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Book Review

Book Cover

The Great Eastern (Hardback)


Author: Howard A. Rodman
Publisher: Melville House Publishing
304 pages
ISBN: 978 1 61219 785 2
Publication Date: 04 June 2019

Howard A. Rodman’s brand new novel The Great Eastern is ambitious from birth on its very first page. He’s mastered the symphony of all American novels—and perhaps all novels—literati juries adjudicate incessantly. No mean feat with Herman Melville’s Moby Dick, but to syncopate it with the Zeus of all science fiction, Jules Verne, is Herculean. Rodman bench presses the seemingly impossible and plausibly lifts us into this breathless page-turner.

He confers the gift of life on two of the most formative and reflective fictional personalities in a half millennia of literature, two captains of the sea, Ahab and Nemo. One seeks dominance from the surface, the other from beneath. If the ocean is deemed a metaphor for the mind, then both brain lobes, left and right, are baptized into such imagining. Rodman is clear on this. Thus his fictional characters carry the weight of abstraction we transcendently euphemize as concrete. To do this Ahab and Nemo must meet one Protagorean test and affect our whole mind with dialogical discourse, relational connectivity.

I’m happy to report Rodman’s book achieves this Olympian status and greets us as with that oft-sought achievement so rarely found: The Great Novel. I would say great American novel but The Great Eastern is more than that. It’s world class. Pantheon literature.

The greatest sci-fi character of history is pitted against the greatest conqueror of Nature. They are brought into mortal combat because of a factual icon of iron mightiness, Isambard Kingdom Brunel, captain of corporate enterprise. Stephen Jay Gould called him ‘the most important person in the entire nineteenth-century history of Britain.’ Brunel designed the leviathan of all iron-clad steam ships, The Great Eastern. His monster ship is unspooling the first Trans-Atlantic cable for American magnate Cyrus Field and becomes the cause of combat. Nemo hates the cable and all it represents. He is the former Prince Dakkar of India whose entire family and cultural heritage have been bloodily erased by captains of industry and Napoleons of finance from the United Kingdom. He is a victim of ‘The Company’ and the government that militates for it.

Ahab, somehow a survivor from his pyric experience with the great white whale is hired by Field to protect his precious cable. Ahab is the ultimate American ‘company man.’ Nemo is his antipode. Popular renderings of Nemo soft pedal his anti-colonial motive and indeed his racial heritage. Not Rodman. His Nemo, true to Verne, is the victim of multi-national company conquest and has sworn to defeat this threatening colossus of iron indifference. It is in this motive we are reminded of Verne’s vision. Colony grief is as real now as it was then. The shackles may not be iron anymore, just compound interest on loans impossible to repay. Nemo’s mission is one of high revenge. Spiritual liberation.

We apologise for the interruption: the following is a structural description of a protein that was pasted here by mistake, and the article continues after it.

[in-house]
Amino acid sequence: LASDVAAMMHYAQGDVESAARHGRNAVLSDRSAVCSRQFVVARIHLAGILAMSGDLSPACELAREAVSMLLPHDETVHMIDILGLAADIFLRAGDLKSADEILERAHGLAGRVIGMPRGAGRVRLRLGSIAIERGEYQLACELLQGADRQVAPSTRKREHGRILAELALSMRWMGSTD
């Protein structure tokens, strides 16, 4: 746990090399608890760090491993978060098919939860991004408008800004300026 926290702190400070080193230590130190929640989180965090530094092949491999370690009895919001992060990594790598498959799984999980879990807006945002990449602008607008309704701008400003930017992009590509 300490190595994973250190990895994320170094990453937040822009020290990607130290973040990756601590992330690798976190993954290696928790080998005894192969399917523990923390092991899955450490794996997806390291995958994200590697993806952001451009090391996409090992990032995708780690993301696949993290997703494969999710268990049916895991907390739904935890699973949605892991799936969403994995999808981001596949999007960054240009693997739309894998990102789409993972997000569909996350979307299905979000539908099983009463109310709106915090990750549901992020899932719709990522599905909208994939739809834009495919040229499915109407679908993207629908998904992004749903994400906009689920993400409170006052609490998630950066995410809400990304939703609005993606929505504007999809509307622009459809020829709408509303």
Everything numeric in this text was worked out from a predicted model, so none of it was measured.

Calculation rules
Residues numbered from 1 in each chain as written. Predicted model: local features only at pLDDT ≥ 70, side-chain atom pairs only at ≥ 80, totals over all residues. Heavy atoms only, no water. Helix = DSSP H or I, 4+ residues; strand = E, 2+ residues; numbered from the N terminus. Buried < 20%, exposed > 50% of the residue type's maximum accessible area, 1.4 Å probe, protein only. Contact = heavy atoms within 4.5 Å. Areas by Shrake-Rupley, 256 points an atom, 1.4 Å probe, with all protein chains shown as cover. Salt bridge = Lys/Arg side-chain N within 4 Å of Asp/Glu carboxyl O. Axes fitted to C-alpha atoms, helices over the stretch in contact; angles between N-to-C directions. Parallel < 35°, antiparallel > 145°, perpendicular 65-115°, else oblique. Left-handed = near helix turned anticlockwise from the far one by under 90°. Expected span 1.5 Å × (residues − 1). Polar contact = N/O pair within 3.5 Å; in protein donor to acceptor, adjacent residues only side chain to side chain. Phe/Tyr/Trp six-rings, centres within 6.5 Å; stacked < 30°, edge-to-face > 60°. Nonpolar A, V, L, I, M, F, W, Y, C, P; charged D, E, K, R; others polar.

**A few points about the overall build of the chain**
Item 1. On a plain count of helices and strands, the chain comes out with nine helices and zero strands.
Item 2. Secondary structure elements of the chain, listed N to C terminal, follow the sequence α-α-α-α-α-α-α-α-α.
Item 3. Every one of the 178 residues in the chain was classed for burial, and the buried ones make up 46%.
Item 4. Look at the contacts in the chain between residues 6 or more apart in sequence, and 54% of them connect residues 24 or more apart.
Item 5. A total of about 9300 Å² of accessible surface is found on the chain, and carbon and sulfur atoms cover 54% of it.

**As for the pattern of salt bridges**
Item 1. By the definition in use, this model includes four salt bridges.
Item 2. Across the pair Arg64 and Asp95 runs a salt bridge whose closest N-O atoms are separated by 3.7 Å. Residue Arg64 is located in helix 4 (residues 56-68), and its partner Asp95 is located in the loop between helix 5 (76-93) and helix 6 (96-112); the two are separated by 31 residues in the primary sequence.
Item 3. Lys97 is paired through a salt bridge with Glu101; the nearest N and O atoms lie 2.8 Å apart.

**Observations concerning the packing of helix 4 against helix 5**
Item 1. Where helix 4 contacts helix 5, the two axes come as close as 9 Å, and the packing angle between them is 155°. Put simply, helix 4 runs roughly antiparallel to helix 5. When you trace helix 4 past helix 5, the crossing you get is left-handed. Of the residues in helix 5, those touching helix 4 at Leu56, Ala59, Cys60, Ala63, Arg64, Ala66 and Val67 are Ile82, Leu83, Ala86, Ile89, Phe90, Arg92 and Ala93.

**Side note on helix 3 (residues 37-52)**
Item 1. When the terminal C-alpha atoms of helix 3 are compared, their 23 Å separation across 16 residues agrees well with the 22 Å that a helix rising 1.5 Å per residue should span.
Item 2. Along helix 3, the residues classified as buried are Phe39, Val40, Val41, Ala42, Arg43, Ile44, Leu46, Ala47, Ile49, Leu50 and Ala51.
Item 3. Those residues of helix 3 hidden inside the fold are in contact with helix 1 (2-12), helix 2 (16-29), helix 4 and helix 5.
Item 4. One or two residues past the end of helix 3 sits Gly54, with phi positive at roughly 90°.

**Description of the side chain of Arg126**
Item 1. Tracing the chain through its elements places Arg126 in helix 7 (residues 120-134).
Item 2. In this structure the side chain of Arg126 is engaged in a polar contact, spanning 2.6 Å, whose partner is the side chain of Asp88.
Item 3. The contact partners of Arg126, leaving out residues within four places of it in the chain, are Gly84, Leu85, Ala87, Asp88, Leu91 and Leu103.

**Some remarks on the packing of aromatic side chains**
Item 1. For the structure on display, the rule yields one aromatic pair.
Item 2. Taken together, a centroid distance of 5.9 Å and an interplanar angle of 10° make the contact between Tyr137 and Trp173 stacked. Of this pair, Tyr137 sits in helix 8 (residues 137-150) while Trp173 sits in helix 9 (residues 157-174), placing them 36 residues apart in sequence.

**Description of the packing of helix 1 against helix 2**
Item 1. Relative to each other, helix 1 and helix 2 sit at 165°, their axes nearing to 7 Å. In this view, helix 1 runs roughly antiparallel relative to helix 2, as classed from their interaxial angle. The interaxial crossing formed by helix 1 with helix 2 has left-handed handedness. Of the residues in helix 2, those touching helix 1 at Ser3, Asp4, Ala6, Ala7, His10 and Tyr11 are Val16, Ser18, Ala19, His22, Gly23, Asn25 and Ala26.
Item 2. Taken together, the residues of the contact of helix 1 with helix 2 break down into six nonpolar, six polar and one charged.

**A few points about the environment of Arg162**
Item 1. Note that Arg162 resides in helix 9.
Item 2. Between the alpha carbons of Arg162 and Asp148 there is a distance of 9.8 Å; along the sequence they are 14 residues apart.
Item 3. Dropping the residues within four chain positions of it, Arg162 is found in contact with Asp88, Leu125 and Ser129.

A new term is making the rounds these days: faction, the blend of fact and fiction. The Great Eastern is that. Of course others have delved here, Capote and Doctorow, but The Great Eastern is a Darwinian leap. The fictional characters of Ahab and Nemo converse with us in our minds, conscious and unconscious. In this Trans-Atlantic conference call, both our selves, ratiocinating and oneiric are engaged simultaneously.

This is a midnight oil read. It pays homage to nineteenth-century sentence structure and vocabulary without being hoity-toity or austere. (It’s the first time this humanities drop out student has seen the term ‘borborygmus’ in awhile I can tell you that.) Rodman takes the phantasmagorical acrobatics of Verne and summersaults his vision of science fiction into science fact. In other words, we get to see how the Nautilus is constructed and how it works.

There are forensics, murders, magnificent mayhem and great sorrow. All the dramatis personae spring to life and reach back into our history. It’s beautiful and it hurts. It’s impossible to read Rodman and not think of contemporaneous headlines that offshoot from our colonial hagiography, our own continued ‘subcontinental’ hegemony.

In his authorial finale, his crescendo, Rodman delivers us a scenic angels view, a flyover of the aftermath, its topography of meaning. Something we must have, something the great novelist must do. The end vision swirls through the Paris Commune chaos and even bonuses us with cameos of Verne and Melville. The Great Eastern is magnificent historic science fiction engaging us with the fact of now-knowing thought—the personal oceans inside our heads.

(Post script: The Great Eastern comes out of the gate with a film adaptation deal signed by London-based producer Great Point Media. Howard Rodman, former president of the Writers Guild of America, West will adapt himself -


John Huff

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